Fresh concrete is poured into the forms built up to 3 metre high as a complete wall. This is normally dome by pump. Once the green concrete wall is set, it becomes a high strength concrete frame structure with the formwork remains in place as thermal insulation, providing u-values ranging from the standard 0.30 w/m²k as required by the current Building Regulations down to 0.11 w/m²k - ideal for zero energy buildings Star Level 6 in the Code for Sustainable Homes. The building process is quick, tidy and precise, with lower equipment requirements than alternative methods and only semi-skilled labour.
Creative design (without compromising performance) is encouraged by the availability of a comprehensive range of components, further enhanced by the option to incorporate reinforcement for basements or multi-storey projects. The highly insulated structure may be clad internally and externally with a wide range of finishes, including plaster, masonry, curtain walling and renders. Most of the systems are marked on the outer faces of the forms to indicate where positive screw fixing can be made with self tapping screws into plastic or metallic webs.
There are several different designs of ICFs world-wide.  ICFs are usually made of insulating foam, such as EPS (expanded polystyrene), and are manufactured either separate panels that are connected with plastic connectors or ties or preformed inter-locking forms or galvanised steel ties in preformed inter-locking forms.
The differing insulating concrete formwork systems cause variations in the shape of the concrete within the wall:
  • "Flat" systems (3rd generation) form even thickness concrete throughout the wall area similar to a conventional in-situ concrete wall. In areas where there are high seismic or severe weather conditions, flat wall systems predominate as the system of choice.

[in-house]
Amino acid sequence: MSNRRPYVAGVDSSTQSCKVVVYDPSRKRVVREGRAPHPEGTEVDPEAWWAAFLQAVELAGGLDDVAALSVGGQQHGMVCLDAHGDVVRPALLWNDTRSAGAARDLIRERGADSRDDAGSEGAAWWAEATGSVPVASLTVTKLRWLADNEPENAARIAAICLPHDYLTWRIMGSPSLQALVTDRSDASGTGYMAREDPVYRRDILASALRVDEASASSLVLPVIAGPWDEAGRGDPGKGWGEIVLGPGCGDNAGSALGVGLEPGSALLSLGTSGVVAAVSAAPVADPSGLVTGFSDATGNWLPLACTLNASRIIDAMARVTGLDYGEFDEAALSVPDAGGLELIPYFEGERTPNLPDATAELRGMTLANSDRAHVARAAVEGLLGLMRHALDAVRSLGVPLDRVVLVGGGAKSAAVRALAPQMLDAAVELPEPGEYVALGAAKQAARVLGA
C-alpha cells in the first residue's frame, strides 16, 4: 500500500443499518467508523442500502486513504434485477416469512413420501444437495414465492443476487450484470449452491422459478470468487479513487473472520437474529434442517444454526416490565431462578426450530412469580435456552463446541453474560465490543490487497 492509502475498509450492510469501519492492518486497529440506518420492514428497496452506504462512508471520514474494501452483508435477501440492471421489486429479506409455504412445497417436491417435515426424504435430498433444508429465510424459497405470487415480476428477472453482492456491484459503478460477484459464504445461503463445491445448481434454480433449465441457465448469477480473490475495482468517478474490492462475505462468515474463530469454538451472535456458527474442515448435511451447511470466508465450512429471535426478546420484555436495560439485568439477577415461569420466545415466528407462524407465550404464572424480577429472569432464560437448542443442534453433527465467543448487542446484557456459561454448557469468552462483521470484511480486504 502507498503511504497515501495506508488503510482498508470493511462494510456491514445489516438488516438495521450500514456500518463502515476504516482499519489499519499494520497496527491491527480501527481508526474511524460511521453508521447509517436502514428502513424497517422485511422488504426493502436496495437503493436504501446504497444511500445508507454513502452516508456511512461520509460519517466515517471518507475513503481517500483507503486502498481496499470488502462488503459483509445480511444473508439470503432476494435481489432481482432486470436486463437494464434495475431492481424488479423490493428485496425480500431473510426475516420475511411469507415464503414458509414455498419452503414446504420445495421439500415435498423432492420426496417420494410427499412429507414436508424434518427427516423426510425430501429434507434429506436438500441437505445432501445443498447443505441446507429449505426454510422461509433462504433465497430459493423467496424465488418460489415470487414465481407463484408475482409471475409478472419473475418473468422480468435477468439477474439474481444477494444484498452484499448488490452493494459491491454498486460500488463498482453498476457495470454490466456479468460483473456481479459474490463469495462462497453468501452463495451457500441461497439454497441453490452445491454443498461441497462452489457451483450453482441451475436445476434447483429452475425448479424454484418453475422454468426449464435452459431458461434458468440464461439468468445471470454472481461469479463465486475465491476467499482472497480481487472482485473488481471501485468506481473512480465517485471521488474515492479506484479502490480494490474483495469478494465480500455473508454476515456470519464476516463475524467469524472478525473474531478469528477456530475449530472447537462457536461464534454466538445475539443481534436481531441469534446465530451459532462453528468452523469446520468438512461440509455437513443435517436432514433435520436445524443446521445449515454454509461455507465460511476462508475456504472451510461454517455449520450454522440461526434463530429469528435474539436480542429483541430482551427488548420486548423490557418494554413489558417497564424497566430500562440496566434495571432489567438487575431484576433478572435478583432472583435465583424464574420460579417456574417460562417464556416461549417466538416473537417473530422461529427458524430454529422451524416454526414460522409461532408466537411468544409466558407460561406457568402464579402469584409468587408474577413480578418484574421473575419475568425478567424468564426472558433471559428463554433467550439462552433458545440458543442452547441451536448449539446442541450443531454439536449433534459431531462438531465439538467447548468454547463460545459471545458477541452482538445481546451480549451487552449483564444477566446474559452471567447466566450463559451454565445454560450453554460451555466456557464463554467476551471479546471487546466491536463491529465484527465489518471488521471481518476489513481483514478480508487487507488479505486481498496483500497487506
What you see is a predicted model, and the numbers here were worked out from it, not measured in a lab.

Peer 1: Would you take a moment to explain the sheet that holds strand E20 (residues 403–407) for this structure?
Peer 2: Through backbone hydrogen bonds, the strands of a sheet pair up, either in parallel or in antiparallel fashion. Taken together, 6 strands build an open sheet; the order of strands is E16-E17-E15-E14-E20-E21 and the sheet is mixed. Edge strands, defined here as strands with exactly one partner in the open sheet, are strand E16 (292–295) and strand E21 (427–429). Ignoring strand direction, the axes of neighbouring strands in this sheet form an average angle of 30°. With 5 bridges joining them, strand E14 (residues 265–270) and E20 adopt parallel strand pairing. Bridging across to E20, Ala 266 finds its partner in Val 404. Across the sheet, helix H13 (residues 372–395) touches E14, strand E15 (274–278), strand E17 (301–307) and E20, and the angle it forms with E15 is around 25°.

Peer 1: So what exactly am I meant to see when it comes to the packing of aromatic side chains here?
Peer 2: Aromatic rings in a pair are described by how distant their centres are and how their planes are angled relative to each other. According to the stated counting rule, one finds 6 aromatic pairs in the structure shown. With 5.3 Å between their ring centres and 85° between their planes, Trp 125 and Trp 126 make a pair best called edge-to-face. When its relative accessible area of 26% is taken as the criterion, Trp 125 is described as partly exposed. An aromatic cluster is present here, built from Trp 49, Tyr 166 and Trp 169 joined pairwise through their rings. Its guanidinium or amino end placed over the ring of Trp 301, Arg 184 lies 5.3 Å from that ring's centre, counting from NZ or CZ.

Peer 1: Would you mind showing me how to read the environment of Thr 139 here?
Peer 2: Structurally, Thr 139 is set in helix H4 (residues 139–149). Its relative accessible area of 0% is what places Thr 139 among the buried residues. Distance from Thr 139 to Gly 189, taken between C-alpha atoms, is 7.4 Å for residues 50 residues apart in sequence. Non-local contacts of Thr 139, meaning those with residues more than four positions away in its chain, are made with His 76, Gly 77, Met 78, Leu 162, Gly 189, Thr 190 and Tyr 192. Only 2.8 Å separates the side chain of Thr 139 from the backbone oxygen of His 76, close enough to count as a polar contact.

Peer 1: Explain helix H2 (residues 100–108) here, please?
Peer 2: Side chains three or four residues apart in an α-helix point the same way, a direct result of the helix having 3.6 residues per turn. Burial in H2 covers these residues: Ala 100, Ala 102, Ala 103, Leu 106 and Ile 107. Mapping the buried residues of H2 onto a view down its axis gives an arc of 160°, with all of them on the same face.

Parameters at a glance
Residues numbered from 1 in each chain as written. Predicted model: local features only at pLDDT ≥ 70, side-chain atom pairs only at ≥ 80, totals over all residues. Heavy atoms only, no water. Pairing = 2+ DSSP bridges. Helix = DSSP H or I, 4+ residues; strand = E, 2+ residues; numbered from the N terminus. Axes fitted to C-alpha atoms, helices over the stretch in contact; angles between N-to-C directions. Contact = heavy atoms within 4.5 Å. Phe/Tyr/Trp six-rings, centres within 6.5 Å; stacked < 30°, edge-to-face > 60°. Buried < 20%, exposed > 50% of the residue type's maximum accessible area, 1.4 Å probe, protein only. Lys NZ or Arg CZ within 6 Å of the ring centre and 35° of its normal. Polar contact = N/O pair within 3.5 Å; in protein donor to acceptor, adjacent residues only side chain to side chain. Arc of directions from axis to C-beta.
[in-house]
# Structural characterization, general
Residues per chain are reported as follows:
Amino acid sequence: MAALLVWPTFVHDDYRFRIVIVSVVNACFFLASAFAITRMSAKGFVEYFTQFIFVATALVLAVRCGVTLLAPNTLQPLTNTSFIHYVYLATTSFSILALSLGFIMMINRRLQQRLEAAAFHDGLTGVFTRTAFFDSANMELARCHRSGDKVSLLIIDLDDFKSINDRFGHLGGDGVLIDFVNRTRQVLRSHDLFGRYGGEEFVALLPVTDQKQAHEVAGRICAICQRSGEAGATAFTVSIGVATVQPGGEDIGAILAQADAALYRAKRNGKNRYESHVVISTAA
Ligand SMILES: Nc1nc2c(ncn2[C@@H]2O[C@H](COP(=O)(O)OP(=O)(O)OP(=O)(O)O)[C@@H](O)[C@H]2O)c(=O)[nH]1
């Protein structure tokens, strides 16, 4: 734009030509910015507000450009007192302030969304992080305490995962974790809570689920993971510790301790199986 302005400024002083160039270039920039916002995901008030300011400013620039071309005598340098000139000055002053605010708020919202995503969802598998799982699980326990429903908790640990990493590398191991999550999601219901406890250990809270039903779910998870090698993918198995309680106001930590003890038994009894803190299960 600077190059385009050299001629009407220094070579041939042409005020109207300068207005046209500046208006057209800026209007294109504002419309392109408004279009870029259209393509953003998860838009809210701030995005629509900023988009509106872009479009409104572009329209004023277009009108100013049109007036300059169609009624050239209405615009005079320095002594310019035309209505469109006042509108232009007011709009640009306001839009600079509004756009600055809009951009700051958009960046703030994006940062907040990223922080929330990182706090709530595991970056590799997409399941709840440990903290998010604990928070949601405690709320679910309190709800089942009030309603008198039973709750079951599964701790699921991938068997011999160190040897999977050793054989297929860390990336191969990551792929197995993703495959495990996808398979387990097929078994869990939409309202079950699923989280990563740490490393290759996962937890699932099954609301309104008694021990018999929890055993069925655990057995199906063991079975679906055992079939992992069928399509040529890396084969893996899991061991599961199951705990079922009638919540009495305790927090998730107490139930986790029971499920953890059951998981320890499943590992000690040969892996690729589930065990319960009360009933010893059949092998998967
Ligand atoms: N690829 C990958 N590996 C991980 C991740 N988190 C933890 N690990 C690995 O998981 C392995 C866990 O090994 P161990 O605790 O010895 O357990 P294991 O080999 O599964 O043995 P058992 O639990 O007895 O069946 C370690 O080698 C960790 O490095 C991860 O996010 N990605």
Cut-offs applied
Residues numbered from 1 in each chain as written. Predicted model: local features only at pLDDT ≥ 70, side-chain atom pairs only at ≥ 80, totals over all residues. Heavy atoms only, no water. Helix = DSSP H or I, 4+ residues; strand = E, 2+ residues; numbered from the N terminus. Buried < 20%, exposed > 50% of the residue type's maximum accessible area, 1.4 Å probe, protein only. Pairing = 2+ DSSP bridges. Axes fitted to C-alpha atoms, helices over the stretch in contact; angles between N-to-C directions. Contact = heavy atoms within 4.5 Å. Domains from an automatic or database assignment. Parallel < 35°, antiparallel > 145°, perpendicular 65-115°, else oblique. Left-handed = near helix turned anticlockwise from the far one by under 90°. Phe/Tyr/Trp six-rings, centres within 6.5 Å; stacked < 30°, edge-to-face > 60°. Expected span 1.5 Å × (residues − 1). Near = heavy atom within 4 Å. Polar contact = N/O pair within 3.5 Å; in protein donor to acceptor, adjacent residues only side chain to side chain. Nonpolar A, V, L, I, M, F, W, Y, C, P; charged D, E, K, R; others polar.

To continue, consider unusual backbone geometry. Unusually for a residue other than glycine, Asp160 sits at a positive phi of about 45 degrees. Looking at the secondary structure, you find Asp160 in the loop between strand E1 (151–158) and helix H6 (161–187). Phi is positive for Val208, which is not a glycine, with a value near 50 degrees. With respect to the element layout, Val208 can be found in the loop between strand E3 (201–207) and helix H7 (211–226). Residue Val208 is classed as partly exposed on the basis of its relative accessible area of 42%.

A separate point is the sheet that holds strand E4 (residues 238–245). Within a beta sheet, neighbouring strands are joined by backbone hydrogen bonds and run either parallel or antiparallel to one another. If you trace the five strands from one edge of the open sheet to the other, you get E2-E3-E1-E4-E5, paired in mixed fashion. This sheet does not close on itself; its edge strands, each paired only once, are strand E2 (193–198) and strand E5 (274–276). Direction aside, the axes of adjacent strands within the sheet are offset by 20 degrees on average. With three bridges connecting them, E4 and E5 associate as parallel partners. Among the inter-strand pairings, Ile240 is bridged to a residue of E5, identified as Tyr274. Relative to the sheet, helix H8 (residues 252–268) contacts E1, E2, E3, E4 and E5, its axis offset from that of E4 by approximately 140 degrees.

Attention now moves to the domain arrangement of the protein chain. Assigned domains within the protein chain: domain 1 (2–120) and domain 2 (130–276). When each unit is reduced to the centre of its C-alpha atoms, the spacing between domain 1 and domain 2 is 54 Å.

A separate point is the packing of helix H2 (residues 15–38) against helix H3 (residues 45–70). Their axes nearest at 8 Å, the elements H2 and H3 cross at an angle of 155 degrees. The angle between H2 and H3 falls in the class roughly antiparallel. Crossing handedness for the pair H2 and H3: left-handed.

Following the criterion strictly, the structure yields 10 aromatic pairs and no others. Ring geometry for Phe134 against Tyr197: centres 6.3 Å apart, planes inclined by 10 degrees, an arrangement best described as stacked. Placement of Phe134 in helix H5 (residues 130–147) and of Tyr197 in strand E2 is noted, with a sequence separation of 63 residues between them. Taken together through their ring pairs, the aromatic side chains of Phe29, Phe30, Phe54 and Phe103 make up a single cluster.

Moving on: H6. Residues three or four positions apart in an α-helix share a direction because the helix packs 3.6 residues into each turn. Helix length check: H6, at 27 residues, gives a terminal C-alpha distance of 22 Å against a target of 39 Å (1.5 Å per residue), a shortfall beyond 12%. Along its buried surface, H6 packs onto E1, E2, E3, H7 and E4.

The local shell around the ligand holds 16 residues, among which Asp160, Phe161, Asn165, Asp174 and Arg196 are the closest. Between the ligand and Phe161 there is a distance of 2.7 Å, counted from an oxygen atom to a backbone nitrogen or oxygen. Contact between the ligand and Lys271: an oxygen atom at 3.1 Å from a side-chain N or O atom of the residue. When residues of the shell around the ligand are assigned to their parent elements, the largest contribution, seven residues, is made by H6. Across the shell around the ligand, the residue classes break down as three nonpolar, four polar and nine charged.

• "Waffle Grid" systems (2nd generation) form create a waffle pattern were the concrete is thicker at some points than others.
  • "Post & Beam" or "screen grid" systems (1st generation) form discrete horizontal and vertical columns of concrete.  The areas within the grid are solid insulation, increasing the overall U-value but offering reduced fire resistance.

Insulating Concrete Formwork Association

14 Jan 2011

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27 Sep 2010

Channel 4 debut for White Goose Interiors

White Goose Interiors’ wonder woman Jan Booth has appeared alongside her daughter Hannah on Channel 4’s exciting new reality TV concept ‘Seven Days.’
The show follows groups of individuals over one week in a fly-on-the-wall style documentary about life in fashionable Notting Hill.
First Jan is seen giving workmen a piece of her mind about the slow progress of a project, before having a cosy chat on the sofa with Hannah where she reveals that she will be giving her more responsibilities in the family firm.
The show also captures people’s genuine reactions to topical events - Jan and Hannah are seen sharing a joke at the expense of singer George Michael.
Later the cameras follow Hannah as she goes out for a drink with her old flame Dougal.
Viewers were given intimate access to the conversation, seeing Hannah talk emotionally about her father’s illness.
Jan said: “Seven days is such an innovative concept – we were delighted to participate.”
Watch this episode of 'Seven Days' on the 40D website by clicking here!